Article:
There is a lot to consider when running email marketing. For one, you need to make sure that your email is reaching the recipient's inbox rather than being filtered into spam/junk folders, which is known as ‘deliverability’. You also need to ensure your domain is correctly set-up to receive feedback loops. These let you know when a recipient marks your email as spam so you can then remove them from your mailing list. If a lot of users report your emails as spam, you can end up getting blacklisted by ISPs, and your emails won’t be delivered at all, so it’s really important that you’re monitoring your sender reputation and try to address the underlying issue – email frequency, content or target audience are all common reasons for spam flags. 

A good ESP should be monitoring a lot of this for you, but again, never assume it’s doing it right. Keeping an eye on your recipient engagement and sender reputation will help you spot problems early and adjust your strategy accordingly.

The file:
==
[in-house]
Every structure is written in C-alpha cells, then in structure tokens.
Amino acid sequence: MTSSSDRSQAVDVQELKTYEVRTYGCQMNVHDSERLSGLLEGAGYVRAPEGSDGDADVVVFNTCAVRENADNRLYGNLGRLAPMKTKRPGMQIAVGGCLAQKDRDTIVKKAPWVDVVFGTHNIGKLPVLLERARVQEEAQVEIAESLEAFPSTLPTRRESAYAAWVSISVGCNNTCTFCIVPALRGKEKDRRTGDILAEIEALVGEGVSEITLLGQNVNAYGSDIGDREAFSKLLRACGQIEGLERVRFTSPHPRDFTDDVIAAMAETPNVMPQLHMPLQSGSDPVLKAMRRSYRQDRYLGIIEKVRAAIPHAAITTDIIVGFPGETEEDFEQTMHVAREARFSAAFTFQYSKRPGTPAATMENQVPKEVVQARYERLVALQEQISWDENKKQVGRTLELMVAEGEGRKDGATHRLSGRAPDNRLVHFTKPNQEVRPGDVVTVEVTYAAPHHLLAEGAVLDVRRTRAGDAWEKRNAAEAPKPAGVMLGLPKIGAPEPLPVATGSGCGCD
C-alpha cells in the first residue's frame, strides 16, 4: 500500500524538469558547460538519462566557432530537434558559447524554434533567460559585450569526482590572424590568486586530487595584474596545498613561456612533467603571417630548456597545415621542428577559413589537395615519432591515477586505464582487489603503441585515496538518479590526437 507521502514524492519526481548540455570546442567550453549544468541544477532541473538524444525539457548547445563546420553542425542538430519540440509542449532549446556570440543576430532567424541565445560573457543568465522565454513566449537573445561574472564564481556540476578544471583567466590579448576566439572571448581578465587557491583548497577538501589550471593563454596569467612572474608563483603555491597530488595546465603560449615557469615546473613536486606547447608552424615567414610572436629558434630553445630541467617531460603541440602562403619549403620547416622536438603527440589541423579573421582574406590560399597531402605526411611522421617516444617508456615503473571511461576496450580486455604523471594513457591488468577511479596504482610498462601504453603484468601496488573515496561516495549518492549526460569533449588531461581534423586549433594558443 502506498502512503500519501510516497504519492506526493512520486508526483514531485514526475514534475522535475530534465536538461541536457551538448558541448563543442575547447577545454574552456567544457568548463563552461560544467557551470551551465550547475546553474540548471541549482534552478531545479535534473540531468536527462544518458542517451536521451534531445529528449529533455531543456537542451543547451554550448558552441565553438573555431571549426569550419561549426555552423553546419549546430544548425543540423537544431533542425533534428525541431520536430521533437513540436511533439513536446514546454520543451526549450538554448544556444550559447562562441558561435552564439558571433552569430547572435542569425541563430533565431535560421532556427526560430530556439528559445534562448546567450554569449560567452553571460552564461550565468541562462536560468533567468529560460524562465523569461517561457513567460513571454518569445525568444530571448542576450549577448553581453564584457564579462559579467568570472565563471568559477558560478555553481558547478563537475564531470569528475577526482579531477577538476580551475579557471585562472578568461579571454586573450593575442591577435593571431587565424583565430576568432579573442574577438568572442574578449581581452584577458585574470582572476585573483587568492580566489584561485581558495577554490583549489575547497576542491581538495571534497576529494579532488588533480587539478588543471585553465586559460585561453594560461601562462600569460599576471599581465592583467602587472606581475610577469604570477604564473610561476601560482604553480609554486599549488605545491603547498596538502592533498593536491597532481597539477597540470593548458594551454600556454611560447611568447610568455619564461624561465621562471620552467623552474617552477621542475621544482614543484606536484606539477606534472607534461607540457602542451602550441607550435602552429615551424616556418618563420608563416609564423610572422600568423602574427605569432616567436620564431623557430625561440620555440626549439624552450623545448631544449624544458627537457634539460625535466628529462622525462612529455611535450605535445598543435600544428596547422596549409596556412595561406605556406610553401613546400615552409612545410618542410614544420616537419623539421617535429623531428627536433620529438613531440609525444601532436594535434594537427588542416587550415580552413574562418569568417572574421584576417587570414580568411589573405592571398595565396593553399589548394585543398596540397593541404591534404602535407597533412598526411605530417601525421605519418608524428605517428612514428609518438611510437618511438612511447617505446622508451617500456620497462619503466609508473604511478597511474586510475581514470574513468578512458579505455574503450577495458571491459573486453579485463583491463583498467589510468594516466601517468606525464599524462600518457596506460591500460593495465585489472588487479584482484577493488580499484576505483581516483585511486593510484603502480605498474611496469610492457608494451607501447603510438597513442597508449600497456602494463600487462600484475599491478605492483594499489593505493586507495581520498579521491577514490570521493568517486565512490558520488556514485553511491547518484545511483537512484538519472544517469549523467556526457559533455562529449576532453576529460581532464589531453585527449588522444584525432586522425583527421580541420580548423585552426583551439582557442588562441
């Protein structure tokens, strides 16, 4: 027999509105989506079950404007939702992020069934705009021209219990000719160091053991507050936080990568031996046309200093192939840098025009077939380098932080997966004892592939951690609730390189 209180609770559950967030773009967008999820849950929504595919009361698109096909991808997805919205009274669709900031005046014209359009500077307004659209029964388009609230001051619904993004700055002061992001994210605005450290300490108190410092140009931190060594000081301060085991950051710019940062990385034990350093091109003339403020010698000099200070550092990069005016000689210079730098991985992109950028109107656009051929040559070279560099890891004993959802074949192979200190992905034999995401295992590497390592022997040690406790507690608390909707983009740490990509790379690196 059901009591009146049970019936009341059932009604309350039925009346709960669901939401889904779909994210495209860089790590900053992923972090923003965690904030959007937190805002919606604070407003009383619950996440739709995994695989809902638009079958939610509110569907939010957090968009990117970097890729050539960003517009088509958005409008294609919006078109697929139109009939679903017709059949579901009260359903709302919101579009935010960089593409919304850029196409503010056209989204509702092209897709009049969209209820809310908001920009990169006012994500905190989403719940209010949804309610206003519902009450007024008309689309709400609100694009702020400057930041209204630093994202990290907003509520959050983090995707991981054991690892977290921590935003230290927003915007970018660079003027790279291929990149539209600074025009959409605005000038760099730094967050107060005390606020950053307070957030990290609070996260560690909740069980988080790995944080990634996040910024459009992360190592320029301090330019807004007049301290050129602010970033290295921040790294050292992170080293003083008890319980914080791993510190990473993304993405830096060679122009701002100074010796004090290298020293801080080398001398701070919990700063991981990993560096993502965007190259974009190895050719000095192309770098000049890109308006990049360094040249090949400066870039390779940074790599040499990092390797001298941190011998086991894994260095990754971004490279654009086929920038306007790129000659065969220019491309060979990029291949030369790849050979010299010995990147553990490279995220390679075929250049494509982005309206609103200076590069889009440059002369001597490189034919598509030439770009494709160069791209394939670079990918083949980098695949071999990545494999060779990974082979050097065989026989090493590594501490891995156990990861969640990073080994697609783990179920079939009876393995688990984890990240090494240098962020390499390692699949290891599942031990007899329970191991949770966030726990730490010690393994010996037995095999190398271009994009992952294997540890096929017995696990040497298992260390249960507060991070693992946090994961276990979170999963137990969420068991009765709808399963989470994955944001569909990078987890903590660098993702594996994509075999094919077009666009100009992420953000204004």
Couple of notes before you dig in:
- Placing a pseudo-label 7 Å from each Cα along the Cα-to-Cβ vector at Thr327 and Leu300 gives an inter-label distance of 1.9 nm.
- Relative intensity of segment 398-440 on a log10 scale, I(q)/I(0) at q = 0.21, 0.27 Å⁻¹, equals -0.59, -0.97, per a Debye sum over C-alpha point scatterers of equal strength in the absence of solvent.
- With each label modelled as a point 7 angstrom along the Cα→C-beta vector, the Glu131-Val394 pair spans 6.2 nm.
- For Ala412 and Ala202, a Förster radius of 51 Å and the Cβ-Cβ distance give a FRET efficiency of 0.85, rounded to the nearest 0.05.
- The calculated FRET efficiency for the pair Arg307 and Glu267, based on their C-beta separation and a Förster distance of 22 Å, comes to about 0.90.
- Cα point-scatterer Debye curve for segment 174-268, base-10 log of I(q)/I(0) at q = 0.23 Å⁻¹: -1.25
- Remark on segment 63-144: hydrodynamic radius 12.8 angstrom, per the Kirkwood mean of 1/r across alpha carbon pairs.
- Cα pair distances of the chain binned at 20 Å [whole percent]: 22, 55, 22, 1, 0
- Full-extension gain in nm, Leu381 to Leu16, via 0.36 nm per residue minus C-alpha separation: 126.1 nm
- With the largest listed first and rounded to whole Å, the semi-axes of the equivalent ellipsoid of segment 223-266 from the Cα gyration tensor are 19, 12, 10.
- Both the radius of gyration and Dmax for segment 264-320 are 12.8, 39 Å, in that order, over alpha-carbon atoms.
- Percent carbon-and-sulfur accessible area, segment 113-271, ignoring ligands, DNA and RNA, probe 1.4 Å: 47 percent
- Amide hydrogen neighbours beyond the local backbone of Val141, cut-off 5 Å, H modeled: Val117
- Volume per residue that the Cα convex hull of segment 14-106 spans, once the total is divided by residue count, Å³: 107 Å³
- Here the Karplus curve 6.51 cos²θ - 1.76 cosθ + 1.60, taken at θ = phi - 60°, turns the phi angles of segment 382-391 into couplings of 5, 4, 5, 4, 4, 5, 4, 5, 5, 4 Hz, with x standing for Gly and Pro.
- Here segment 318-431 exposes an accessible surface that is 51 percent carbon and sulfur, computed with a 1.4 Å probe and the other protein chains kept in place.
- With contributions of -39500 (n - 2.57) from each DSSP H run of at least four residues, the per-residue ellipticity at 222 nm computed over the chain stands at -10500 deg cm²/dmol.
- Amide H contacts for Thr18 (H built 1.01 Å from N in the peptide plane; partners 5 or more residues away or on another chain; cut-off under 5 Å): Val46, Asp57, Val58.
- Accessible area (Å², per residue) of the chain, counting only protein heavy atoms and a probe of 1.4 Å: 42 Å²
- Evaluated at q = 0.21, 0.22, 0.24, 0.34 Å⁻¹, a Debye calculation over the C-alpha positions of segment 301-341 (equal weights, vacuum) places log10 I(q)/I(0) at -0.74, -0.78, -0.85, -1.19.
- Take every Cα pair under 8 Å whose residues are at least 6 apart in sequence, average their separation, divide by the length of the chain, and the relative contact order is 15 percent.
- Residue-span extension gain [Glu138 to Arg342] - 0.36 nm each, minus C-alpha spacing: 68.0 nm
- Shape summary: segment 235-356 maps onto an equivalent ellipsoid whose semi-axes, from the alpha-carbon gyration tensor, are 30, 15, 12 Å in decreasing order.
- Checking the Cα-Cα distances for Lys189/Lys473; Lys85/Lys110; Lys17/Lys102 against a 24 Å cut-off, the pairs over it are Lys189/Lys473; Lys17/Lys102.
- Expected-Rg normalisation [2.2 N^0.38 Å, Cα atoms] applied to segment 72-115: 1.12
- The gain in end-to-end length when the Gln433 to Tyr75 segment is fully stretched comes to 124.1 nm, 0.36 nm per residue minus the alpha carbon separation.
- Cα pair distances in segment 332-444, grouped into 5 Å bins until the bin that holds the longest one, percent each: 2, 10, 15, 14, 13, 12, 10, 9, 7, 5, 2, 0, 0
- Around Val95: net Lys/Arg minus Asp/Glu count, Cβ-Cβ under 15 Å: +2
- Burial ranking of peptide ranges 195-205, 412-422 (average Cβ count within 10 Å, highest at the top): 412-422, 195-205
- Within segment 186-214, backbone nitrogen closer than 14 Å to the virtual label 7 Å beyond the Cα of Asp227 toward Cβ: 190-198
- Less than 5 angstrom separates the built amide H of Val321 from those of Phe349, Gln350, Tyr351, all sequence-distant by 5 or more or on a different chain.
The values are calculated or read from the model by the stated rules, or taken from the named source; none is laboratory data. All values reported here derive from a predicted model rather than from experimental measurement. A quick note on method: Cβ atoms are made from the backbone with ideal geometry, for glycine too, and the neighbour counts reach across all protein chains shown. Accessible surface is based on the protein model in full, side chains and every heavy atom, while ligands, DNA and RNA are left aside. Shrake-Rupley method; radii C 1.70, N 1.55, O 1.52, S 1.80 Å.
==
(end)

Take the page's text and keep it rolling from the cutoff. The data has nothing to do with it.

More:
Test and iterate

We say this a lot in marketing, but it’s not enough to set and forget. You need to be constantly evaluating campaign performance, and looking to make changes when things aren’t delivering the results you want. It’s a constant cycle of improvement: use plans to test a theory, and then iterate, then test a different version of that variable, or something new, and then iterate again. However, don’t just change for the sake of change – ensure you’re making intentional, purpose-driven change, and ensure everything is documented. 

Retain your brand’s tone of voice